Author Topic: The steel mill -- a local history Part 5  (Read 698 times)

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Tom Rubillo

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The steel mill -- a local history Part 5
« on: March 26, 2022, 08:45:51 PM »
                                                                                                                     A new era

     The year 1970 brought with it something of a sea change when it came to environmental concerns.  Rachel Carson had published her study entitled "Silent Spring" about the adverse effects of DDT on bird populations in the late 1940's.  Her insight served the same purpose as the canary in the mine.  It warned of impending problems if attention was not paid to how we, as humans, were treating the planet. 

      Congress is always slow to act.   Its historic inertia sort of proves the basic law of physics holding that bodies at rest remain at rest until acted upon by an outside force.  Only massive (and peaceful) demonstrations by Dr. King and his associates ultimately motivated it to, after almost a century from the emancipation of slaves, to address their continued mistreatment, both as a matter of law (de jure discrimination) and as a matter of fact (de facto).  The passivity of that institution despite problems and changes in society supports the old saw that "the opposite of Progress is Congress."

     In the case of the concern for the canary (actually, the bald eagle, falcons, ospreys and other birds of prey), it only took Congress a generation to act.  In 1970 it passed the National Environmental Protection Act (NEPA) and created the Environmental Protection Agency.  These two steps stand, along with the recognition of China, as among the premiere accomplishments of the Nixon Administration.    Both measures enjoyed broad bipartisan support,  Watergate came later.

     One of the principal provisions of NEPA is to require a "cost/benefit analysis" be conducted before there is any substantial investment of federal money in any project.  While this federal law is not technically applicable to the current zoning dispute regarding the steel mill, the very practical approach to development it sets out is useful to this discussion.  It is, in part, because South Carolina law that forbids a property owner from "maintaining a nuisance" calls upon jurors to do much the same in those sorts of lawsuits.  The question:  "do the costs to the plaintiffs (usually the larger community) outweigh the benefits to the landowner" is one formulation of a proper jury instruction.   Here, in fairness, we start with benefits.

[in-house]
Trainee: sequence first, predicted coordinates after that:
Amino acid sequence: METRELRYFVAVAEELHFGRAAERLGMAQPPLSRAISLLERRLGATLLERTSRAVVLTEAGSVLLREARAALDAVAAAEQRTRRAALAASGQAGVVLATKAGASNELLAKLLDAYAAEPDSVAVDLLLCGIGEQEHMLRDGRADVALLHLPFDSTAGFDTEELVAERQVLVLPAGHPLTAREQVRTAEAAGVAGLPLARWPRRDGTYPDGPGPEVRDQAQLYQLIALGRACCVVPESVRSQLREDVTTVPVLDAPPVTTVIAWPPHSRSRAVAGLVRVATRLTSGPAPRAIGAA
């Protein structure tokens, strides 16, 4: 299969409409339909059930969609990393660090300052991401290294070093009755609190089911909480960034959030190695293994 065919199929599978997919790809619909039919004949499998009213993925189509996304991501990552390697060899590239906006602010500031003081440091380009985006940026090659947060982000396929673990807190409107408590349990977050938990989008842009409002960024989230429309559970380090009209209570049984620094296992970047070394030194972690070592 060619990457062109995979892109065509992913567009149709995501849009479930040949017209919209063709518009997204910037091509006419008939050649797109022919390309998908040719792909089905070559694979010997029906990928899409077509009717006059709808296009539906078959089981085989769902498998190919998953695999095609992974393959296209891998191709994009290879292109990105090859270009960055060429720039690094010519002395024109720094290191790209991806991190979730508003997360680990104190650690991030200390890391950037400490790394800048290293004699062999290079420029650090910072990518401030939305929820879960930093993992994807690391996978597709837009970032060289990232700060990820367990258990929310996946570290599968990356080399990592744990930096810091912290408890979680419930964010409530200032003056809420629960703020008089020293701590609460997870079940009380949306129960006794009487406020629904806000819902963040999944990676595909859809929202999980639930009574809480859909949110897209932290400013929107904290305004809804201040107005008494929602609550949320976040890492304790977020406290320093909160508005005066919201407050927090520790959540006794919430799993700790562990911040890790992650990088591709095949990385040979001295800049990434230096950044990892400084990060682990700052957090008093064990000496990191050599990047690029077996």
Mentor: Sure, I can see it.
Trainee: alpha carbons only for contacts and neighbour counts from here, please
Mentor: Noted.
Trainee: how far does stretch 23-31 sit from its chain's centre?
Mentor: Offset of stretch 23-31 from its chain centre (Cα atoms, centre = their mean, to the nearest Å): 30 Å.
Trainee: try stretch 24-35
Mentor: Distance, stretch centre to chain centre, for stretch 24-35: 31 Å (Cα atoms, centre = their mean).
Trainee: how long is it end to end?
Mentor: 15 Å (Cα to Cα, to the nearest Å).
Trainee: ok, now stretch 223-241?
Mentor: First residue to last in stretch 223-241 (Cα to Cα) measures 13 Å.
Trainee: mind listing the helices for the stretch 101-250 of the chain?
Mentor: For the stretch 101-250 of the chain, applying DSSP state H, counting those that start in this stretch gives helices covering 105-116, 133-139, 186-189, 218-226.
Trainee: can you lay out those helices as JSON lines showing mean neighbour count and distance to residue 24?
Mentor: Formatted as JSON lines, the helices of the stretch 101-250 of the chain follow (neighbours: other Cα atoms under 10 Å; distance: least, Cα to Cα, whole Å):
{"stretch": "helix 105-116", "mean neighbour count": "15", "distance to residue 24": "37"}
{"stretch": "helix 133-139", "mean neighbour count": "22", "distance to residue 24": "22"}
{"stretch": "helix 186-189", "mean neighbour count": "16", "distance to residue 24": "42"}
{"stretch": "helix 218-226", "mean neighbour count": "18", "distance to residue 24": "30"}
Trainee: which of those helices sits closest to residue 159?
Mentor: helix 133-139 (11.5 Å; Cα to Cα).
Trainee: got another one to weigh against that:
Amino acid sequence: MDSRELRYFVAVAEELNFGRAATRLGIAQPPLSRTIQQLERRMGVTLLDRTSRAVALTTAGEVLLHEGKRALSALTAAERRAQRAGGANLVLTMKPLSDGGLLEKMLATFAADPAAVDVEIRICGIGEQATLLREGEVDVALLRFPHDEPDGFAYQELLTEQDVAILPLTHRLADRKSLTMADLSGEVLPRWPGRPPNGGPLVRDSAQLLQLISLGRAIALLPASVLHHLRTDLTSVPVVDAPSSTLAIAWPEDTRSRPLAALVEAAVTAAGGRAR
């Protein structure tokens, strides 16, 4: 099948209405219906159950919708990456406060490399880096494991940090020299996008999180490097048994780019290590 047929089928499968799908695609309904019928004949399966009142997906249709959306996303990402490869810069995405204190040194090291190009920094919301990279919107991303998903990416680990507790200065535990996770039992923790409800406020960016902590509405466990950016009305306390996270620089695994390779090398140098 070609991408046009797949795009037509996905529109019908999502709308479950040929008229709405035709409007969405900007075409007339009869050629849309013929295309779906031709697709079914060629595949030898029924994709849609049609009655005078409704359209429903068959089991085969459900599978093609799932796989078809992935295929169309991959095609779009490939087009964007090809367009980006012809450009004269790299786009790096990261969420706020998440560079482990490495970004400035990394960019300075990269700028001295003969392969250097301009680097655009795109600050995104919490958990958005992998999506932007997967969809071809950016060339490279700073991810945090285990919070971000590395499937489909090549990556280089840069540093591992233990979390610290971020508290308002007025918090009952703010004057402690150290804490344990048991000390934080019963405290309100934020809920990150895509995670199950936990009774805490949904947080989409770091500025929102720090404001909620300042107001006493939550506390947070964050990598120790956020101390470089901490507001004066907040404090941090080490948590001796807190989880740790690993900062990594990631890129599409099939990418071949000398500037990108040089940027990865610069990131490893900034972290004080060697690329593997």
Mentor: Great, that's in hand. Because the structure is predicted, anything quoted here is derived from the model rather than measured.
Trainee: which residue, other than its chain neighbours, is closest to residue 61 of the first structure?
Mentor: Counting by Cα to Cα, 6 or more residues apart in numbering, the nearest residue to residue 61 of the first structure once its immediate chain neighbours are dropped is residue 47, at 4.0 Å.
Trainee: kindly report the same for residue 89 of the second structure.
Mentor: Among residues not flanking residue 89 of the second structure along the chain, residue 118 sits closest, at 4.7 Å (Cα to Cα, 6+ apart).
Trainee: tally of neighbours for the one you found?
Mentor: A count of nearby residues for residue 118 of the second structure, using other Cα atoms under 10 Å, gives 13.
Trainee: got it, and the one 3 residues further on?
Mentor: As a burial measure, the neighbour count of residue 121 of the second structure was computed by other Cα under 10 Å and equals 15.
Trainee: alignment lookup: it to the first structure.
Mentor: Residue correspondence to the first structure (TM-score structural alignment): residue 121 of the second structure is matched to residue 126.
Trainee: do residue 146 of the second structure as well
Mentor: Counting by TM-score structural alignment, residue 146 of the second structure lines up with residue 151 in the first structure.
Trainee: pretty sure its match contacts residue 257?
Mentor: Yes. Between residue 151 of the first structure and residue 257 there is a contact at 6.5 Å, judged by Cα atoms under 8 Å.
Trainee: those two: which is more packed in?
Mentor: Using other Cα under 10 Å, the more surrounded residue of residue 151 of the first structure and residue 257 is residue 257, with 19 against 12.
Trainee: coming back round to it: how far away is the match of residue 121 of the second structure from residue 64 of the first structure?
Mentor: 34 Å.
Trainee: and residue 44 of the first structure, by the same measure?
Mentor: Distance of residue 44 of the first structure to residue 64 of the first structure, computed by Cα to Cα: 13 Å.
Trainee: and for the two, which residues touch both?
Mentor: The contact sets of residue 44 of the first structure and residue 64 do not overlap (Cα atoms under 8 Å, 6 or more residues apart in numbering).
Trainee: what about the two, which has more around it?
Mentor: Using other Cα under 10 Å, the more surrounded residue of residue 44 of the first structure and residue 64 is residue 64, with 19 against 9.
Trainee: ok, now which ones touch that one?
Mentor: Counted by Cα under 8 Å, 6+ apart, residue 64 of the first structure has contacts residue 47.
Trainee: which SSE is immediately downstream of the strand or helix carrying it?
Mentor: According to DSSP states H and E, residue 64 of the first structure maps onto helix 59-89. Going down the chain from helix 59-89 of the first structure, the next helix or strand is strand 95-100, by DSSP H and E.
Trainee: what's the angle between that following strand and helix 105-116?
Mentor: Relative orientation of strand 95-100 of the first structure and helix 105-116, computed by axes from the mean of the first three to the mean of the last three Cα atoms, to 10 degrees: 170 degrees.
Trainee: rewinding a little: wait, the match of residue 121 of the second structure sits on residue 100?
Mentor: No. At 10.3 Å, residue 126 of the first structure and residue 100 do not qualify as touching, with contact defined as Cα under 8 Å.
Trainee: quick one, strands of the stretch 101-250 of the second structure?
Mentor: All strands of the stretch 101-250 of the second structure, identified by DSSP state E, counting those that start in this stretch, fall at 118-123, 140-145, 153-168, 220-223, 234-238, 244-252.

The steel mill was a profitable enterprise for many years while it was in operation, particularly the earlier ones when its equipment was new.  But its profitability, standing alone, does not give a complete picture of the matter. 

      At its peak, the steel mill employed about 1,000 people.  That number declined sort of steadily over the years.  When it closed prior to its sale to Liberty Steel, about 200 people still worked there.  For the purpose of this analysis, the average number of workers is arbitrary set at around 600.  Average wages for that period varied over time, as did the value of employee benefits.  But overall, between the time it opened the average take-home pay of workers was somewhere around $800.00 per week.  Using those numbers, simple addition and multiplication reveal that more than a billion and a quarter dollars went through local financial institutions and businesses as steelworkers cashed their paychecks and paid their bills.  ($800 a week x 600 workers x 52 weeks x 50 years = $1,245,000,000.)  That's a pretty big number on the direct benefits side.  It does not, however, tell the whole story.  Conventional economic theory recognizes that wages circulate several times around a community before they leave town.  If that is true, the economic impact of the steel mill has been much greater than the raw number would suggest.

     In addition to the direct and collateral benefit of the payroll, both the City of Georgetown and Georgetown County have collected millions of dollars in taxes, fees in lieu of taxes, license and other fees from the mill's various owners.  That, and the city sells water and sewer services to it too.  All of that money has been used to keep the costs of other ordinary government services lower than they otherwise would be, helping to keep property taxes and fees lower for everyone else.  In short, the economic benefit of the steel mill to the entire community has, over the years, been enormous.  Everyone should be grateful for that.